Q: I am considering giving money to one of my children. How do I account for the money in the will? What happens if he pays me back before then?
A: There are a couple of different ways to handle the transferring of money to a loved one during your lifetime. However, first you need to decide if it is a gift or a loan. It can be handled under either circumstance but it's best to decide first.
If you are making a loan, I strongly suggest that you ask them to sign a promissory note acknowledging the loan. Even if you don't expect them to pay you back, it's best to get it in writing.
I would also suggest you include an interest rate to comply with any IRS issues that may arise. It can be the minimum rate required by the code, but it should be something. Not only will it comply with the relevant tax laws, it will also make it clear to the person receiving the money that this is a legitimate business transaction, and you intend to treat it as such.
Once you have made the loan, acknowledge it in the will or trust. You can state any outstanding amount should be taken into account and treated as a part of their distribution. Your personal representative can add the unpaid balance back into the taxable estate for accounting purposes and then make everyone whole.
Because the outstanding balance of the loan might be a contentious issue, it's important to get the terms set out in the promissory note I mentioned above. Remember, although you know the terms of the loan, you won't be there to remind everyone and the recipient of the money may not remember the terms the same way or perhaps the fact that it was a loan at all.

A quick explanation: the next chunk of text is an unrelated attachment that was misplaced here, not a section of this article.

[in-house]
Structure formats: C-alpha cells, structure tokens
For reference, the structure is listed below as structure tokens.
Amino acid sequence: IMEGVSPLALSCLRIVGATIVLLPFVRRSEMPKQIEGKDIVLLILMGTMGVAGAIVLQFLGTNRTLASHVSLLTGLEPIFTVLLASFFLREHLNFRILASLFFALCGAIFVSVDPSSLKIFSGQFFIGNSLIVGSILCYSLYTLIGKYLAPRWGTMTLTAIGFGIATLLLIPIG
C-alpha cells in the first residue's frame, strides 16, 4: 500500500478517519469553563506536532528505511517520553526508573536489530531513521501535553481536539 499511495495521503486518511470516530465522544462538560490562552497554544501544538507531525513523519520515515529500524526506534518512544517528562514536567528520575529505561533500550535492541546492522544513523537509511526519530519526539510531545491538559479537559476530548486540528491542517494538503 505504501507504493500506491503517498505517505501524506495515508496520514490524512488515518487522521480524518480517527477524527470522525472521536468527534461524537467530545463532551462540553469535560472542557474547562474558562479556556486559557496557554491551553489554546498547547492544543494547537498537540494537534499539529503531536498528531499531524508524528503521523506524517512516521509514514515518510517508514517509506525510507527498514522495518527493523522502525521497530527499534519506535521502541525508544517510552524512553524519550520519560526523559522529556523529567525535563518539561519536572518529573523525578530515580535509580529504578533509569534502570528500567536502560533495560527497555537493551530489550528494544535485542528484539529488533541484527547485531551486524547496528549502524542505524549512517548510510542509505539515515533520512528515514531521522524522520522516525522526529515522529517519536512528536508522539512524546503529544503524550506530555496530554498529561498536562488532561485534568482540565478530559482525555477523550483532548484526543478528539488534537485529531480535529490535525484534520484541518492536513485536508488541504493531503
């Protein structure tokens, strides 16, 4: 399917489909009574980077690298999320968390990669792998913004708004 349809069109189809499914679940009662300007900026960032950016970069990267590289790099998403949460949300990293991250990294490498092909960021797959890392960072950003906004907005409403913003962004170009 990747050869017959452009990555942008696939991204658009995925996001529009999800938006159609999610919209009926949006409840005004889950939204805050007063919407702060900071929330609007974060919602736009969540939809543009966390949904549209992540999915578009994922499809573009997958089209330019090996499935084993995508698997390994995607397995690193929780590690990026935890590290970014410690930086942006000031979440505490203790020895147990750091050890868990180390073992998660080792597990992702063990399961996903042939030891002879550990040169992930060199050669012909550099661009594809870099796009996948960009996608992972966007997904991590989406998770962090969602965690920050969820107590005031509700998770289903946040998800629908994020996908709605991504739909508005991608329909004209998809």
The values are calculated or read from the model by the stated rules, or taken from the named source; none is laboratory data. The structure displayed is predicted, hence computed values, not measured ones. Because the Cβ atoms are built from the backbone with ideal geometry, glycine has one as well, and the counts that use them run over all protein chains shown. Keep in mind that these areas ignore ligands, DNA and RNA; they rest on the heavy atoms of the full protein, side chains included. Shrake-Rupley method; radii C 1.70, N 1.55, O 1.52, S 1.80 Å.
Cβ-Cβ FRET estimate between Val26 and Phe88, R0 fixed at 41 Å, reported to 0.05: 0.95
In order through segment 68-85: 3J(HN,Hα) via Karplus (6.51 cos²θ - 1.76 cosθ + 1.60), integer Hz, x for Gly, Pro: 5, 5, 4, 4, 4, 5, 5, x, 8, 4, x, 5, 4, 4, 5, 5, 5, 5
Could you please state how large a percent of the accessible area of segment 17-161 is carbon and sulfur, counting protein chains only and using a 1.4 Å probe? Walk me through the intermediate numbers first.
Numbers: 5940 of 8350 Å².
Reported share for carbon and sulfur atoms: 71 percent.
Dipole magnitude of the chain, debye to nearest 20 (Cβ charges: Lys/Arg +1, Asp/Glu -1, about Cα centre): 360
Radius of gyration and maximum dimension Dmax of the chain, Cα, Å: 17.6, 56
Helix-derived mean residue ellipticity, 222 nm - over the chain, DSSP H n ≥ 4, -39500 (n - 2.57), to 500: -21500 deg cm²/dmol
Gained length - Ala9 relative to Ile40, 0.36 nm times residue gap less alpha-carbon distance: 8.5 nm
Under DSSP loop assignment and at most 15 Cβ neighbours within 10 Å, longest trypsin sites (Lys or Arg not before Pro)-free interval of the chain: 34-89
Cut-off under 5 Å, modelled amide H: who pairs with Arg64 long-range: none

It's even easier if the money is gift or an advancement of an inheritance. In that case, you can simply make specific distributions to each of the other children in an amount equal to the amount gifted. That way, everyone can receive the same amount of money before the residuary distributions take place.
It won't be exactly the same, since the person receiving the money during your lifetime will have the use and enjoyment of the money during your lifetime, but hopefully it will make everyone feel equal.
Finally, since there isn't an inheritance tax anymore, bringing the note back into the estate won't have a death tax issue, although it may have a minor income tax consequence. If you have an estate that may be subject to federal estate tax, it's probably a good idea to discuss the consequences with the attorney and accountant before making a decision how to treat the money.